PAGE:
Of all the reactions to the super bowl ads, the most interesting to me by far was the backlash to the Martin Luther King Jr Ram spot.
Putting my cards on the table: the backlash delighted me.
Brands do this kind of nonsense all the time, using altruism as window dressing for their wares. What’s curious to me is why audiences haven’t objected to all the other equally ham-fisted attempts at this same ploy as much as they did this one.
It’s certainly partly because of the particular heightened racial complexity of this moment in the NFL, so the audience’s dissonance detectors may well be more sensitive right now.
But I think it’s more than that. The more we advertisers use tired tools, the wiser the audience gets to them. Today’s audience is so much better at detecting disingenuousness than the audience of even a couple years ago. And man was this ad disingenuous.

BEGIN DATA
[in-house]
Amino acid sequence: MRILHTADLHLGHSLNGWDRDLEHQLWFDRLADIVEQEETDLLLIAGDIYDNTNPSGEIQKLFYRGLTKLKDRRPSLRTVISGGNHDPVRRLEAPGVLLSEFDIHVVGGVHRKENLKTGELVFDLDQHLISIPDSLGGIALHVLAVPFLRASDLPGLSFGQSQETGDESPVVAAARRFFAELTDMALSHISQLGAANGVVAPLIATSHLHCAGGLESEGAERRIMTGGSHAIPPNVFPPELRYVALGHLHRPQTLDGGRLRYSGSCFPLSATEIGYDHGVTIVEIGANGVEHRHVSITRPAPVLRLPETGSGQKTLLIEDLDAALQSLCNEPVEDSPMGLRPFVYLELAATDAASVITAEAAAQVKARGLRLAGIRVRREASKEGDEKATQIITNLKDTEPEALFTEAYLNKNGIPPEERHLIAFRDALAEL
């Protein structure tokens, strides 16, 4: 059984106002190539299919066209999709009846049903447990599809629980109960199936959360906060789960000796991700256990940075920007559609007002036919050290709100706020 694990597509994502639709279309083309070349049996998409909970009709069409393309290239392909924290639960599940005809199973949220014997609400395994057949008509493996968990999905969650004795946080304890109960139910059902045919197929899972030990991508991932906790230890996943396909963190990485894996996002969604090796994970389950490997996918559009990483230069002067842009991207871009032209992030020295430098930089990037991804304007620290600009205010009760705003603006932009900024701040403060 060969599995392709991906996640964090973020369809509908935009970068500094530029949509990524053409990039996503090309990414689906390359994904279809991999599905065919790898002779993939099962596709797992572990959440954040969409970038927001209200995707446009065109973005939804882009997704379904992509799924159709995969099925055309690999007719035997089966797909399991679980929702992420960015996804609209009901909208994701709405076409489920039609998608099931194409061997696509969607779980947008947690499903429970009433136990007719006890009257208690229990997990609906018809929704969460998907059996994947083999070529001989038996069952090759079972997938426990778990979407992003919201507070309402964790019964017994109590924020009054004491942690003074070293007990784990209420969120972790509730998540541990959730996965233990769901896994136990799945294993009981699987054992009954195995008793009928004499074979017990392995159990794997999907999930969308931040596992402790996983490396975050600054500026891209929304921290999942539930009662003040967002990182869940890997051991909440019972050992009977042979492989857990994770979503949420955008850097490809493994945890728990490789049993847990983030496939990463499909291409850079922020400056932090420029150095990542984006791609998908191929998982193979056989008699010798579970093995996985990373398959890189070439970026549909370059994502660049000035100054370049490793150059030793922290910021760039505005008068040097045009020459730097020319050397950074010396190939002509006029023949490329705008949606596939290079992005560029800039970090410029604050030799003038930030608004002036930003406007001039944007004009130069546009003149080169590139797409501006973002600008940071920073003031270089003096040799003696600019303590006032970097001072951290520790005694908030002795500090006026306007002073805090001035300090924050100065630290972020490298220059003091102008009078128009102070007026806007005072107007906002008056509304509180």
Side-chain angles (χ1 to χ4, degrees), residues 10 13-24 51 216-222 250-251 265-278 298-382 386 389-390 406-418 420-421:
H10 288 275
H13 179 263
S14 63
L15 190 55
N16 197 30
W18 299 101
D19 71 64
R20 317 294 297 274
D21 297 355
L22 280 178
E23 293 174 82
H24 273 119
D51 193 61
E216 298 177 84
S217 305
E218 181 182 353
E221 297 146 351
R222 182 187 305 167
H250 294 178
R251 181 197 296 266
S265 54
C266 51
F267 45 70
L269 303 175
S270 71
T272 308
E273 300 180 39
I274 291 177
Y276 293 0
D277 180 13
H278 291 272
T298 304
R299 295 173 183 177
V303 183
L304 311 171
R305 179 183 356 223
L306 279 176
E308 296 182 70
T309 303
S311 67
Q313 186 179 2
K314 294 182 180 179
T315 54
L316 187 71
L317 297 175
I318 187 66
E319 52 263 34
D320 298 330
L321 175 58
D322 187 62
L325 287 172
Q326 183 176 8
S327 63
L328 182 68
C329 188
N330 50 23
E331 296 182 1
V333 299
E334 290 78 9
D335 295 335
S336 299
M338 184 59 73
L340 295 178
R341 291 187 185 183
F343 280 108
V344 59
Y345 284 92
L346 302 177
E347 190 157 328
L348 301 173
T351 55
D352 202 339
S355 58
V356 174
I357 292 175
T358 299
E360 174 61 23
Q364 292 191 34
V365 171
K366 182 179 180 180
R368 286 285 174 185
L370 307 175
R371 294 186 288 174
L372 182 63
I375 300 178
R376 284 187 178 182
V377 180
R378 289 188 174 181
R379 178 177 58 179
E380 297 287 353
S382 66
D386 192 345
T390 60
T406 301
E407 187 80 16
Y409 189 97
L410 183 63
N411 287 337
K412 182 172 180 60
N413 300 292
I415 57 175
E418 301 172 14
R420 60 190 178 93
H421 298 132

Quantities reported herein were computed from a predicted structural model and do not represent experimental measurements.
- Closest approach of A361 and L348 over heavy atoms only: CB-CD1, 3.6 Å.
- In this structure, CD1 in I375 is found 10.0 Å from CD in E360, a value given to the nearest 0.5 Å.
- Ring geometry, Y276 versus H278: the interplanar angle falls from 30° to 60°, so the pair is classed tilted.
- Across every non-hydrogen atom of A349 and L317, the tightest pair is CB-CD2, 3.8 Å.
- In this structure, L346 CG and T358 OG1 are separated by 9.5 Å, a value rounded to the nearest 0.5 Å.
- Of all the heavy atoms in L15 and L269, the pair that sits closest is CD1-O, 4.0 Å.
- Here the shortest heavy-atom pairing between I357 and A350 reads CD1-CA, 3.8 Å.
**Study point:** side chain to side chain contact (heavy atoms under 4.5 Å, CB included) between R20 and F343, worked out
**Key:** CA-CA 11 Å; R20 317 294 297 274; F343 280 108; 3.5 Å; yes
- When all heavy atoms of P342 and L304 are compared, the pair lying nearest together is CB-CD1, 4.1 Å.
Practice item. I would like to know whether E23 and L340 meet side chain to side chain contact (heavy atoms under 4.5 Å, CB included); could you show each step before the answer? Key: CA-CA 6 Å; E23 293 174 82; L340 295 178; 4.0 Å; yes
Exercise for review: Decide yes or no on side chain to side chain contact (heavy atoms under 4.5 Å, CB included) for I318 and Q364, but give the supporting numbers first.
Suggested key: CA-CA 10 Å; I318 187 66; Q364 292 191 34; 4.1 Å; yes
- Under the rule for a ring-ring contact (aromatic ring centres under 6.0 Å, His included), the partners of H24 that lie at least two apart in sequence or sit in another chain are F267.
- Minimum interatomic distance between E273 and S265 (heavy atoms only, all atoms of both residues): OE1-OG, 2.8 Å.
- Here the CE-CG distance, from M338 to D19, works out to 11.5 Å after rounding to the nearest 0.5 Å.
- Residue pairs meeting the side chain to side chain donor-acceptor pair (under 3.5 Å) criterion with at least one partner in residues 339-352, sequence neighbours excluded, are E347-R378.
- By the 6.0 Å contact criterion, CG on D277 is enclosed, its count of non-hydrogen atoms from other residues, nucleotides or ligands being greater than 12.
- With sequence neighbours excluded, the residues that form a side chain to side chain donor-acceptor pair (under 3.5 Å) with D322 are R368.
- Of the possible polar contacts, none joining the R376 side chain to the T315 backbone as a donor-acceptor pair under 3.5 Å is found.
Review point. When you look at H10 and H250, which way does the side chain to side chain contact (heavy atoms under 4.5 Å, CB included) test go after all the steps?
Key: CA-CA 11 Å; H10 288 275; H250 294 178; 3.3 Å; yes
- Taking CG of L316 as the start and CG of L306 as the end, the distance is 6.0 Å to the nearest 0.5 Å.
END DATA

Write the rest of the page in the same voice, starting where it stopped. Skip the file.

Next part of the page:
brands do this kind of nonsense
The saddest part is that it would have taken two very minor changes to turn this ad from disingenuous to sincere.
First: lose the giant Ram grill beauty shot that mars the sentiment before the spot even gets going. That clichéd truck fording mud porn comes as such a damn disappointment in the middle of an historic sermon like this. You can feel the collective groan. If you want to make this kind of advertising work, your branding has to take a distant back seat to the message. Save it to the very end. Anything else is a huge fail.
Second: imagine Ram had ended the spot with a simple line like, “To further Dr. King’s legacy, Ram is donating 100 trucks this year to service organizations doing important work.”
There. Now Ram means it. Spot fixed.